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A Farewell to Bethany Bierman, page 2 Augsburg College l.ftl L "I'm not there; Page 10 Echo The College's Student-Produced Newspaper Friday, November 30, 2007 Minneapolis, Minnesota Volume CXIV, Issue 8 School of Americas protesters return Farewell for one of Augsburg's finest In protest of the School of the Americas, a group of Augsburg students traveled to Fort Benning, Ga., the weekend of the Nov. 16. Seventeen students and three adults, one of whom was an Augsburg staff member, participated in the event. The School of the Americas, now known as the Western Hemisphere Institute for Security Cooperation (or WHINSEC), trains Latin American soldiers in war tactics that have been used to inflict brutality on Latin American citizens. SOA graduates have been accused of participating in rape, torture, massacre, kidnapping, assassination and other terrorist actions. This was the first year that an Augsburg group had officially participated in the protest, receiving money from student government. Wearing shirts that read "Ya Basta," which means "Enough already" in Spanish, Augsburg students went for different reasons and returned with different feel- Renee Van Siclen Staff Writer ings. Senior Haley Bower stated that she went on the trip because of certain experiences she had while studying abroad in Central America last semester, where she visited a lot of sites related to those that had been killed as victims of those who had attended the School of the Americas. While it was her first time attending the protest, Bower left with mixed emotions. "It was a very emotional experience, but it was also very powerful to see so many people coming together for the same reason," she said. While senior Emily Jensen agreed with Bower's sentiments, she felt it was important to go to the protest for additional reasons, saying she felt it was important both for Augsburg students and U.S. citizens to demonstrate disapproval for the ways that the U.S. government chooses to spend its money and tax dollars. The event opened on Saturday, Nov. 17 with information sessions, tabling by various activist groups and panel discussions. Protesters could go to the tables of the different groups to learn more about the groups and their causes, and it provided the groups with ihe chance to network with each other. The vigil took place on Sunday, Nov. 18, starting at 7:15 a.m. with a march to the entrance of the training facility by Veterans for Peace and its supporters. There followed an array of activities hosted outside the gates of the SOA, including speakers, benefit concerts, and even puppet shows presented by a group called Cardboard Chaos. A funeral procession commemorated those who have died because of the violence spread by SOA trainees. Many participants dressed in black robes and painted their faces white in a dramatic statement. Others carried white crosses in memory of the dead. From on- See SOA, Page 2 Advent Vespers begins tonight David Mott Staff Writer Today marks the start of the 28th annual Advent Vespers celebration at Central Lutheran Church in downtown Minneapolis. With services today at 5:00 and 8:00 p.m., and two more at those same times tomorrow, Augsburg will join with its community to herald in the Christmas season. The event has been fully booked, so those looking to attend will need to bring thei seating envelope. Suggested donations of $ 10 per person or $25 per family will be collected at the door. Those looking to attend can also bring canned goods, which will be collected at the door and distributed to local food banks. Every year, the ceremony is given a theme relevant to the holiday season ahead. This year's theme is, "That All May Have Light." Associate Professor of music and Director of choral activities Peter Hendrickson explained the origins of this theme. "The idea was taken from a Cameroon hymn, 'He Came Down', the verses are 'He came down that we may have truth, love, joy and peace', all thematic ideas pertinent to the advent Christmas story." Each of the four services is expected to receive approximately 2,000 people and will be led by nearly 300 performers. The Augsburg Choir, Masterwork Chorale, *+i-i I 11 IT Riverside Singers, and Cedar Singers are four different groups scheduled to participate. Liturgists and the 40-piece Vespers Orchestra will be joining in as well. All told, more than 8,000 people will pass through the doors of the Central Lutheran Church in a twenty-four hour period. Hendrickson, who will be serving as the artistic director for the Advent Vespers this year, outlined the musical program for the service: "Music this year is internationally eclectic including pieces that originate from Poland, Ireland, Trinidad, the Cameroon, Russia, and more," Hendrickson said. "One of the featured mass choir numbers is the last section of Ralph Vaughan Williams' grand piece, 'Dona Nobis Pacem', which is Latin for grant us peace. "Probably one of the most poignant moments in the services comes at the end when the sanctuary's lights are dimmed and the participants ring the entire sanctuary with candles, singing 'Silent Night.'" In 2004 Twin Cities Public Television broadcast the Advent Vespers services on the event's 25th anniversary. Their coverage earned them a regional Emmy award in the live direction category. This served to further the solid reputation of the station as well as provide testament to the high quality of the event itself. Michelle Richter Staff Writer Former Augsburg student and chair of the Music Department, Leland Sateren passed away on Nov. 10. He was 94. On Saturday, Nov. 17, a memorial service was held for Leland Sateren in Hoversten Chapel. Approximately 500 people were in attendance to honor Sateren. Of those in attendance, over 100 were former members of the Augsburg Choir as well has many other colleagues from the choral music community. Sateren was the Director of the Augsburg Choir until he retired in 1979. The current Augsburg Choir, under the direction of Peter Hendrickson, performed three of Sa- teren's best-known works. These included "Thy Truth Within," which was the opening piece in most of Sateren's concerts at Augsburg, "His Compassion Fail Not," perhaps his most sung and most beloved piece, and "Day of Pentecost: V. Prayer." The latter was the final movement in the piece "Day of Pentecost" which Sateren considered to be one of his best works, according to Peter Hendrickson. The songs were picked out by Leland's wife Pauline Sateren and Hendrickson. "It was really moving, despite not knowing him, but knowing his legacy," junior Cassie Sanders, business administration, said of the service. To compliment the choral songs, many of Sateren's closest friends and colleagues spoke about his impact on the Augsburg Community and about their fond memories of him. Hendrickson said that Pastor Dave Wold and President Paul Pribbenow participated in the service. Others included Philip Quan- beck II, a professor colleague, Gracia Grindal, an alumna of the Augsburg Choir and professor at Luther Seminary, Michael Walgren, a relative of Sateren and manager of music ensembles under him, and William Halvorsen with whom Sateren collaborated in writing about Norwegian composer Edvard Grieg. "All had the common theme of his dedication to vocal perfection and his life as a composer," Robert Stacke, associate professor of music at Augsburg, said of the speakers. The Metropolitan Boy's Choir (MBC) also sang in honor of Sateren. According to Hendrickson, the MBC director, Bea Hasselman and her husband Ron Hasselman were very close friends to Leland and Pauline Sateren. Sateren graduated with a bachelor's degree in music and biology from Augsburg in 1935 and then returned as faculty in 1946. In his lifetime, Sateren composed over 400 pieces and authored two books, The New Song Book and Cantate Domino. "His influence has impacted the choral music field all over the world, both as a conductor and as a composer," Dale Warland of the Dale Warland Singers said in an interview with the Star Tribune. "Amongst the music faculty Trudi Anderson, Merilee Klemp, Peter Hendrickson, Stephen Ga- brielson, and I all had him as a teacher," Stacke said. "He was a wonderful teacher who demanded the best of his students. He gave so many people so much in his teaching of the passion of music. He will always be one of my giants." Life at Augsburg I Fermat's last theorem Caleb Williams ECHO Evan Fuhs and Jim Berg listen to a video about Fermat's last theorem at the math department's colloquium Nov. 28 in Oren 114. Math Professor Kenneth Kaminsky moderated the event.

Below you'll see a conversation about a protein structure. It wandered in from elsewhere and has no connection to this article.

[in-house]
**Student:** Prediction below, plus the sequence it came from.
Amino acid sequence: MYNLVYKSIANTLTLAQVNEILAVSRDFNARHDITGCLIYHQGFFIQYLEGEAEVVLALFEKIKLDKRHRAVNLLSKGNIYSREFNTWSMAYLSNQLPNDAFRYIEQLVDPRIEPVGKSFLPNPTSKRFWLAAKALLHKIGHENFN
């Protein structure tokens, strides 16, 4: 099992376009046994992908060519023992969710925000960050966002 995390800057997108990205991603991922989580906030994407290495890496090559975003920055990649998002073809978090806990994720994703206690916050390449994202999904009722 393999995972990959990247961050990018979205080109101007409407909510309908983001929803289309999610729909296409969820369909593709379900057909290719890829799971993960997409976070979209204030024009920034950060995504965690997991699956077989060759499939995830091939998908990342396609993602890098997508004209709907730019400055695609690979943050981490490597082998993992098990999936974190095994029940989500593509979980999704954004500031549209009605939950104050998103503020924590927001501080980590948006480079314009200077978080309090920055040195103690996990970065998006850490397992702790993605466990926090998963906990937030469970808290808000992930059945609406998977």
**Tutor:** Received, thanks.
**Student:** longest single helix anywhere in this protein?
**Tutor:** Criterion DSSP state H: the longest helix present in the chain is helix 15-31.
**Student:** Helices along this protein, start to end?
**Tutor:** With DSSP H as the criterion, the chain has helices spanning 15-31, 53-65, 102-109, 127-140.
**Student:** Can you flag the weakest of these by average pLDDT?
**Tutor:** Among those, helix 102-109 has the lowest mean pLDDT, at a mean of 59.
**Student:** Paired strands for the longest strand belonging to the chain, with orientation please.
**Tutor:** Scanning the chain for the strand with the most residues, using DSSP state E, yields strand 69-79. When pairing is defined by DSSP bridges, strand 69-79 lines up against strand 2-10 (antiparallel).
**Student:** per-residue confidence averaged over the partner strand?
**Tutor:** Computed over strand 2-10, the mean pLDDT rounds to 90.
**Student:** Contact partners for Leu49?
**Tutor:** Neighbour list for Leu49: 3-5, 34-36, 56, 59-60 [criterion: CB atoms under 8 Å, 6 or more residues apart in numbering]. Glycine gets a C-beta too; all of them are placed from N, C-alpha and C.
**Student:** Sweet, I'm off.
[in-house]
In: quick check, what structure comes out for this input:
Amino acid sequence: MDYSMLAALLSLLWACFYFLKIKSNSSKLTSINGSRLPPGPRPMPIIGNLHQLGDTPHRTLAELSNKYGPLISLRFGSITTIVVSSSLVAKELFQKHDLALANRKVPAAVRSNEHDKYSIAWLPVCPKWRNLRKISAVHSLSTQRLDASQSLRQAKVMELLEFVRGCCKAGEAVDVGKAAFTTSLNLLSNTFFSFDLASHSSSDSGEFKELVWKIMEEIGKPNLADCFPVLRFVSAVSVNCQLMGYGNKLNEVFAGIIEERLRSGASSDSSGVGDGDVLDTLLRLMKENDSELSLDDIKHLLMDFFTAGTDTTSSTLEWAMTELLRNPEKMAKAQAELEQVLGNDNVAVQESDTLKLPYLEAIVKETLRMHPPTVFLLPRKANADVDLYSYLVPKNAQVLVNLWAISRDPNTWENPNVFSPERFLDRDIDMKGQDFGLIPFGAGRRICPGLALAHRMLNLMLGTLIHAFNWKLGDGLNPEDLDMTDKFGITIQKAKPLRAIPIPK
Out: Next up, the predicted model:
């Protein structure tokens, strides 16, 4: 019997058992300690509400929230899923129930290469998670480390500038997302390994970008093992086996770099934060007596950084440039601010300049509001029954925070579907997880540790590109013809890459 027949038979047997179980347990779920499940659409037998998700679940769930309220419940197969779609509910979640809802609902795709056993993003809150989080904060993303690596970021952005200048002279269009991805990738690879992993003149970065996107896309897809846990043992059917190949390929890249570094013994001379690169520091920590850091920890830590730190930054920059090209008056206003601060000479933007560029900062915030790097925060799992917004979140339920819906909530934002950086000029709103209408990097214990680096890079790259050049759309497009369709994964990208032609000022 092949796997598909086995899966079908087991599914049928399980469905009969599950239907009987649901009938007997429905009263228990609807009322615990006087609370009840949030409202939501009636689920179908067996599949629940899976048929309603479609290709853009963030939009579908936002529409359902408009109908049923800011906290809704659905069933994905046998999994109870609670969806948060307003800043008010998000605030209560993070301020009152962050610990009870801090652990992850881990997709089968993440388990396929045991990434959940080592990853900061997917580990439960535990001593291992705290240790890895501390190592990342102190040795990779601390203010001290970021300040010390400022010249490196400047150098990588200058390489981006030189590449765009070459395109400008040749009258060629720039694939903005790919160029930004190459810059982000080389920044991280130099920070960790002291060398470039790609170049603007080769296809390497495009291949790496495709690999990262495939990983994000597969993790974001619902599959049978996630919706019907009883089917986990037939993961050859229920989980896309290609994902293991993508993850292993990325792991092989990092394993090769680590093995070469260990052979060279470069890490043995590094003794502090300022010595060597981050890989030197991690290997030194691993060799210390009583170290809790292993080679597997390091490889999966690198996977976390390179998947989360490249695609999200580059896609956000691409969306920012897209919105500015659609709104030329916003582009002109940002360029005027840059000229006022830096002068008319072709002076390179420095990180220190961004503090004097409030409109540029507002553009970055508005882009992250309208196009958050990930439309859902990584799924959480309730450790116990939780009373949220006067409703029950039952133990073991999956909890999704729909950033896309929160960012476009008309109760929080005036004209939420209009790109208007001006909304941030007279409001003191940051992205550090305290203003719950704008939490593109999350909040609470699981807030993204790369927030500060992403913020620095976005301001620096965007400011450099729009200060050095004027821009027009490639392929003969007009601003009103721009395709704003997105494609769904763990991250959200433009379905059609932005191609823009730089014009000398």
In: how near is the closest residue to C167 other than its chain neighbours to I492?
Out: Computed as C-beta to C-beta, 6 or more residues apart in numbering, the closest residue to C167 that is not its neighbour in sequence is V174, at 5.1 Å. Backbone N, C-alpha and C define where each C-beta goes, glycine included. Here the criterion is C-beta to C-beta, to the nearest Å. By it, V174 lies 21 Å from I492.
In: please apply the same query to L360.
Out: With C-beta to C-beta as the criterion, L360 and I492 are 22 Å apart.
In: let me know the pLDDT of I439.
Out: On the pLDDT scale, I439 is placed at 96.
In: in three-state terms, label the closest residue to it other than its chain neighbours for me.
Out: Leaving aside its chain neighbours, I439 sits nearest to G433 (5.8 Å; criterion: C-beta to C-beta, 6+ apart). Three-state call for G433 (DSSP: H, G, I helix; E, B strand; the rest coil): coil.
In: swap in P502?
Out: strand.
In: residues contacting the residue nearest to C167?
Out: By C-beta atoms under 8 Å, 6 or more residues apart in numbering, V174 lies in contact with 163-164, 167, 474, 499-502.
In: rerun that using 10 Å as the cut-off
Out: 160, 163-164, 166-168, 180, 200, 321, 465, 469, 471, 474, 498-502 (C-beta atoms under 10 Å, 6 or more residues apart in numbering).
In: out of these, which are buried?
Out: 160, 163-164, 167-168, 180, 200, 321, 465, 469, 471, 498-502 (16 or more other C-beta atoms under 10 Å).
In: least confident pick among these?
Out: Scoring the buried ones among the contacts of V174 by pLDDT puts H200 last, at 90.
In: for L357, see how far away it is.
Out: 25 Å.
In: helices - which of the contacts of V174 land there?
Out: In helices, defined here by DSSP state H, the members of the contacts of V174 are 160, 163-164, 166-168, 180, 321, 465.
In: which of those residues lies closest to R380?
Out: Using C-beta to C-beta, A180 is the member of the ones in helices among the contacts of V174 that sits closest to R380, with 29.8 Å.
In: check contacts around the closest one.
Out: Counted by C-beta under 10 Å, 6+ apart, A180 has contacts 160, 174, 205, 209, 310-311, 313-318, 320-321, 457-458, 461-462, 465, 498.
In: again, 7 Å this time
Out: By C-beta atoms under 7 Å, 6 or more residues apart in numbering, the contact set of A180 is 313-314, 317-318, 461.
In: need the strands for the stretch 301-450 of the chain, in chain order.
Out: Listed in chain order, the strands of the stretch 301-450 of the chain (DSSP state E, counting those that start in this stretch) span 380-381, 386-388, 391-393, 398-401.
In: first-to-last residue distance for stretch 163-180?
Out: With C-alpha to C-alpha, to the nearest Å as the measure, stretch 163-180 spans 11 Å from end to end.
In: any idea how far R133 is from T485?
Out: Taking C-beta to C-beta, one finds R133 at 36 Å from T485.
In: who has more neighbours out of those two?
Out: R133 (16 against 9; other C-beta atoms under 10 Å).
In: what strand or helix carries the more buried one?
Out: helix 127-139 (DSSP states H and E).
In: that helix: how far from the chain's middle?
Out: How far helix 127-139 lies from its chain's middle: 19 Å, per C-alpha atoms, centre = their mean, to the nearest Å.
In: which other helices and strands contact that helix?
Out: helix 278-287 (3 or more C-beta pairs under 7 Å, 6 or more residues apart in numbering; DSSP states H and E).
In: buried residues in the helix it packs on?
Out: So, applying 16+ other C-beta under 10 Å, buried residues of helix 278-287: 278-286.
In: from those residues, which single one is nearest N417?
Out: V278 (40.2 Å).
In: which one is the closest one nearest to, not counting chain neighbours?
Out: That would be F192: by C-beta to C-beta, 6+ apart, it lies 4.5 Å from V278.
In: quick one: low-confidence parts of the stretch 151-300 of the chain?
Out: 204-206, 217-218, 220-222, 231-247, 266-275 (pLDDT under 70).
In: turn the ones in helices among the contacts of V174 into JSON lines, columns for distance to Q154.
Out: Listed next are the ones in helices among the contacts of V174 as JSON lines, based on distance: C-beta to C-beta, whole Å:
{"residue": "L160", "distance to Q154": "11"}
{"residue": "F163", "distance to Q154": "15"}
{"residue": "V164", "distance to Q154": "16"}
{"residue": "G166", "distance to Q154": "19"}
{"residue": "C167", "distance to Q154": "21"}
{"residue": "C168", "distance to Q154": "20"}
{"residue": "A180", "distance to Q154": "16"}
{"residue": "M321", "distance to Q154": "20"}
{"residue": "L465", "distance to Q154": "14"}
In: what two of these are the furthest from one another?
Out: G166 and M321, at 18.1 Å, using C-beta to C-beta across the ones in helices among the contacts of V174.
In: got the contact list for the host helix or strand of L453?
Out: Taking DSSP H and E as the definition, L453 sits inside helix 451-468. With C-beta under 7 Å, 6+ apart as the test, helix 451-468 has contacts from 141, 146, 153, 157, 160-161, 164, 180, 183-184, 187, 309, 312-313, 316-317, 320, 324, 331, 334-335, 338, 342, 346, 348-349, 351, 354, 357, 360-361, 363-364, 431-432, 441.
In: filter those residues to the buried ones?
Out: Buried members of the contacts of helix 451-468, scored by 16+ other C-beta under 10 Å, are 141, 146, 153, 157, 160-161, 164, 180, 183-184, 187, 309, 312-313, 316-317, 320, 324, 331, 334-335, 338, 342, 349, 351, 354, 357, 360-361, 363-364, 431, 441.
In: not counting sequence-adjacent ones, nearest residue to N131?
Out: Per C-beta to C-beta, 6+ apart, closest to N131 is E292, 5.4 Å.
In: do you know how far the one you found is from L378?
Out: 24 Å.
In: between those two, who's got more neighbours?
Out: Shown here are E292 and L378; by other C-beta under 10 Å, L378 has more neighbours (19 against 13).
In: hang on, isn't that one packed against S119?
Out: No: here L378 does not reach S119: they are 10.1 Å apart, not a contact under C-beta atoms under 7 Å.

|Title||Echo, V 114, I 08, November 30, 2007|
|Date||November, 30, 2007|
|Frequency||Published on Fridays during the academic year.|
|Coverage||The Echo has been published since 1898.|
|Type||Scans of newspapers|
|Scan Date||February, 2012|
|Creator/Author||Students of Augsburg College|
|Source||Scans of printed and bound editions of the Echo.|
|Rights||No reproduction without permission from Augsburg College.|